Influencer marketing has been a great source of native advertising ever since blogs became popular. Instagram is now the latest platform to become a goldmine for marketing. This platform works well for all types of companies, whether it’s fitness or fashion, travel or e-commerce, beverages or home improvement; Instagram is a winning bet for most brands. The question is, how do you engage with these influencers and–when you find them–how can you make them work for you on fair terms?
Most brands or agencies will outsource this work to marketing firms that specialize in working with Instagrammers. However, if you are looking at doing this yourself, here are 9 questions and tips for working with Instagrammers.
1. Find them on Kik
Kik is an app that lets you easily message without phone numbers or email. The person’s Instagram handle is most often their Kik handle too. If you are looking to work with Instagrammers you should be on Kik. It’s the platform of choice for messaging with Instagram influencers.
2. How long will the post be up?
Unlike blogs and videos where the content stays live forever, Instagram influencers play by a different set of rules and most of them will negotiate a certain amount of time for the post to be up. There may be different tiers of payment (1 hour costs X and 5 hours costs Y) or they may have a flat price for a limited-time-post before it’s deleted. Either way, you’ll want to know how long the post is live for so that you can:
- Request the post to go live at prime time for where they are located and who the audience is (are their followers US or European? Is your target audience college students or young professionals?)
- Decide if you want posts to go up at one time or if you want the Instagrammers to stagger their posts over a certain period of time.
If the Instagrammer charges hourly costs, make sure to ask them what kinds of results they receive to justify having an hourly fee.
3. Will you put our link in your bio?
Instagram doesn’t allow you to post links in the caption of the photo. The only links allowed are in the bio area of the Instagrammers’ profile. Some Instagrammers will post in their bio free of charge during the time the post is live if you request them to, and others will negotiate another price as they look at that as additional advertising. Either way, if the influencer does include a link in their bio make sure that they specify this on their photo caption.
4. Discounts by buying in bulk
First ask the Instagrammer how much it costs for one post. Once you have that price, negotiate for a cheaper cost per post by buying multiple at a time, and having them post every couple days or weekly.
5. Other sponsored posts
You’ll want to look at or ask how often they do other sponsored posts as well as if there are any competing brands they are working with. You’d be surprised at just how many brands are advertising on Instagram and there is a good chance they are working with someone similar. Before entering into an agreement with them, make sure you know who else they are working with (if you are a sports drink, are you comfortable with them working with another sports drink simultaneously?) If so, ask that they space it out – ie: not within a certain amount of time of promoting a similar company. If a sponsored post works out well with a particular Instagrammer, or if they do really well for a similar brand you can always negotiate to work with them exclusively on a monthly basis.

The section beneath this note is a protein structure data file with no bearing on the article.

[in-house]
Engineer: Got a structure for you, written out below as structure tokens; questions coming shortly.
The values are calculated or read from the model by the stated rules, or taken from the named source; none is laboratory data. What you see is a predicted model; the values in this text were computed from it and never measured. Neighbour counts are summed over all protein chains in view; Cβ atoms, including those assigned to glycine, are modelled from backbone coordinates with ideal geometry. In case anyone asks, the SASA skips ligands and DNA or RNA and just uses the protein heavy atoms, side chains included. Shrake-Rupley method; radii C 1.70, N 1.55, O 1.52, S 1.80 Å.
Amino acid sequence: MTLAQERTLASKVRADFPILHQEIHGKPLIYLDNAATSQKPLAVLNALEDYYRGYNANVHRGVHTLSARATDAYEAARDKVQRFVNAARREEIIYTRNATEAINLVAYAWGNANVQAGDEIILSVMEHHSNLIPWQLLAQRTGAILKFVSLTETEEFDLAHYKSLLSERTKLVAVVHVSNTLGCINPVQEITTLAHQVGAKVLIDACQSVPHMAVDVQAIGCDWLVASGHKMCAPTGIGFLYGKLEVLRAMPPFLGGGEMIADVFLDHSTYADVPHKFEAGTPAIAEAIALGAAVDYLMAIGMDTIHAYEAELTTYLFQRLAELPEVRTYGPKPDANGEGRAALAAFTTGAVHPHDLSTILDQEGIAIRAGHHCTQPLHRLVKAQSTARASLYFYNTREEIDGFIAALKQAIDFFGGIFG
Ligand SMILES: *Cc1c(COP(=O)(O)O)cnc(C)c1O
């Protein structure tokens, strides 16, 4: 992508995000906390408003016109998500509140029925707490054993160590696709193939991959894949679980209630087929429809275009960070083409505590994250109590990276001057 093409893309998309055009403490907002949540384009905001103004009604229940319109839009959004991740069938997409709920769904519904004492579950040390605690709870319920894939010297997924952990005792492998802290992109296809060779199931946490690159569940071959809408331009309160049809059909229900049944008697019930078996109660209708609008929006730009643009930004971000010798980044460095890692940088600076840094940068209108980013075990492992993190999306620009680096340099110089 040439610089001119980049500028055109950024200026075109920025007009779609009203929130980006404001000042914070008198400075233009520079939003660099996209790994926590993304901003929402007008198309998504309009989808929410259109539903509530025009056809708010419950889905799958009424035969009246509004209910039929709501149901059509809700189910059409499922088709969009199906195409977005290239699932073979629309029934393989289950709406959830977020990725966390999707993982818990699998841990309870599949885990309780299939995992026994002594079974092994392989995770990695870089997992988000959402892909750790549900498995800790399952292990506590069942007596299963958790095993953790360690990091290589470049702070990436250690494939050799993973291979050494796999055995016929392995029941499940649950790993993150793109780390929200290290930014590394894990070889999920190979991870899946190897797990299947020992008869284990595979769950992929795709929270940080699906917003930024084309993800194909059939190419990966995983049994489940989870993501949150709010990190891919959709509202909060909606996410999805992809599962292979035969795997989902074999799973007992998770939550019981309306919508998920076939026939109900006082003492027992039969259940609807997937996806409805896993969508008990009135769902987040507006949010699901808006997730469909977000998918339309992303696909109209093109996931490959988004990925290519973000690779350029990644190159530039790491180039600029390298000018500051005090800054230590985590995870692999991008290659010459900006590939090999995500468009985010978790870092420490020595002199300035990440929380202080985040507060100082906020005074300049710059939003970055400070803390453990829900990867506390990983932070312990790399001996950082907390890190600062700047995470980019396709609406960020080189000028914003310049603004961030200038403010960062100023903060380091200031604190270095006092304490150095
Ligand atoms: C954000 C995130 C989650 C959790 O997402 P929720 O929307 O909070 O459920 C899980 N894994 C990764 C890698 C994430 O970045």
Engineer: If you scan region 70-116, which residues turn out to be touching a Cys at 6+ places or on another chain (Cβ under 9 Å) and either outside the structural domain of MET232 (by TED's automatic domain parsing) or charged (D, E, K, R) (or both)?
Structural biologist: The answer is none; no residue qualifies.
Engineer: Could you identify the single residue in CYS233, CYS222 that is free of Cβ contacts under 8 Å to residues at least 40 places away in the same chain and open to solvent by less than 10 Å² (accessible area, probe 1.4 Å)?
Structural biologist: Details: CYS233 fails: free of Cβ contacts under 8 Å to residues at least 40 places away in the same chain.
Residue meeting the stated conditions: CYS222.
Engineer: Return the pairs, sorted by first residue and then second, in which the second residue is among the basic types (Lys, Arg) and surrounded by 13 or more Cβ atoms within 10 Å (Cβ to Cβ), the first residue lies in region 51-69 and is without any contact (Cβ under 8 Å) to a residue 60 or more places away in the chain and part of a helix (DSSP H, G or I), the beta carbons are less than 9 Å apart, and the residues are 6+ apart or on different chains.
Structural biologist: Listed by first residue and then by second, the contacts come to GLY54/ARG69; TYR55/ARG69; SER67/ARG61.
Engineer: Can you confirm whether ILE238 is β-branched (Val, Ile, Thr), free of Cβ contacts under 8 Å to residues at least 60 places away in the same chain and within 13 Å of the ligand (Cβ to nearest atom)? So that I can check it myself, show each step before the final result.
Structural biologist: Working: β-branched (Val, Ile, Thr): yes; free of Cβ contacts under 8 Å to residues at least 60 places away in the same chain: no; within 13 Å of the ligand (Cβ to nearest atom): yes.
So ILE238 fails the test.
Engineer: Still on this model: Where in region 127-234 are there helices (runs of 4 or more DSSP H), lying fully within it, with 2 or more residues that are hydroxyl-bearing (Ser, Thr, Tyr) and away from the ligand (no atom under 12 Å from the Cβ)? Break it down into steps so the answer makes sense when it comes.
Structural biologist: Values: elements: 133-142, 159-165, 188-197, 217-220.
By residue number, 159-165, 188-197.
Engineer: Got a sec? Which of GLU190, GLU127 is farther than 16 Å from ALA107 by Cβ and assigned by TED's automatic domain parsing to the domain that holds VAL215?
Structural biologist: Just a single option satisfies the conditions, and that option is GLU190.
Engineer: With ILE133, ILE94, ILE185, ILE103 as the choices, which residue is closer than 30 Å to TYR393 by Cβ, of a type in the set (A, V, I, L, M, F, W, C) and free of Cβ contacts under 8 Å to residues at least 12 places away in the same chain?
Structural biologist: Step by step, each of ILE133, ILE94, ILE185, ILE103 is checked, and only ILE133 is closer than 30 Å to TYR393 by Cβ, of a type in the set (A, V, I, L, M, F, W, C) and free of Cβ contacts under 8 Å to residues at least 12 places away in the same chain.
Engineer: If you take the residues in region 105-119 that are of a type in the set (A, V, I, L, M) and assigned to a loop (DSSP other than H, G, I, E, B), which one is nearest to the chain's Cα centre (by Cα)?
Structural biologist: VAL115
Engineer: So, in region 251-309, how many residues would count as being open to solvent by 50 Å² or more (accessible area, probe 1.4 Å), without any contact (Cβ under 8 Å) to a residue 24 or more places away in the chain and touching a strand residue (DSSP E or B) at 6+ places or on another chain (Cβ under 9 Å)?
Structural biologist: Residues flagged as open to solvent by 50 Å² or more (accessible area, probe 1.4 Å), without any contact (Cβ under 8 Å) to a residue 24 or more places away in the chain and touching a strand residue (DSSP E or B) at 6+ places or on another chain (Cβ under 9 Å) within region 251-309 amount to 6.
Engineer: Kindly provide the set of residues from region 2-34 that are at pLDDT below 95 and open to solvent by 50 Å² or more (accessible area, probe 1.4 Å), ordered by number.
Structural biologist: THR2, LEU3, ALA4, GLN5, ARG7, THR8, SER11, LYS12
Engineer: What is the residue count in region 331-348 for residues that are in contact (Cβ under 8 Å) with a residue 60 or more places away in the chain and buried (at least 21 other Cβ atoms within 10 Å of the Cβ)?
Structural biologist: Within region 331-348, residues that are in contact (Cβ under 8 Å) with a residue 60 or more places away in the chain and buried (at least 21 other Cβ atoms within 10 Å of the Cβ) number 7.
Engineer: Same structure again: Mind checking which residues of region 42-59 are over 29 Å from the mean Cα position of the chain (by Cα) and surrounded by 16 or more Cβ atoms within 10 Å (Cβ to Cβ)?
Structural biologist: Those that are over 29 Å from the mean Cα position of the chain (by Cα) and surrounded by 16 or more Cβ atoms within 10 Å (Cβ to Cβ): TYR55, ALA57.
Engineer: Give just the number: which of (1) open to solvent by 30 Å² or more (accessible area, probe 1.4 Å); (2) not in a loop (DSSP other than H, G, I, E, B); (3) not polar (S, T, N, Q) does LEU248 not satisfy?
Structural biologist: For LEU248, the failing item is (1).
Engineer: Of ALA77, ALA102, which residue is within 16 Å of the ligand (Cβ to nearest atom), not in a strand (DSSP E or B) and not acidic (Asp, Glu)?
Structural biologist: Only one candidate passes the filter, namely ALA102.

6. Fluctuation in pricing
Instagram is still the wild west with some influencers, so understand that prices are not set in stone or tiered as predictably as working with bloggers, for instance. Prices may vary significantly from one Instagram influencer to the next even with similar follower counts and engagements.
7. Types of Instagram accounts
The type of account will vary with pricing, so if you aren’t using an agency that specializes in Instagram be cognizant of this.
- Theme Pages: These can be very affordable. Theme pages are pages that focus on a particular theme rather than a person. They may post pictures only of dogs, or memes, or travel destinations.
- Bloggers and Models: These influencers tend to be on the pricier side over standard Instagram influencers. If the account you want to work with has a blog, or is a model, you will be paying more for the post on average.
8. Repurposing or “owning” the picture
You’ll want to make sure that you have permission to repurpose the picture on your own Instagram page or website. Best practice says to tag them when you do, so approach it as added exposure for them versus ownership of the picture. You’ll want to get this agreed to in writing.
Our agency tracks the success of an Instagram post not only through public stats, such as engagement, but also by analyzing site visits and by using technology to extrapolate performance based on the lift.
Written by Sarah Ware, Markerly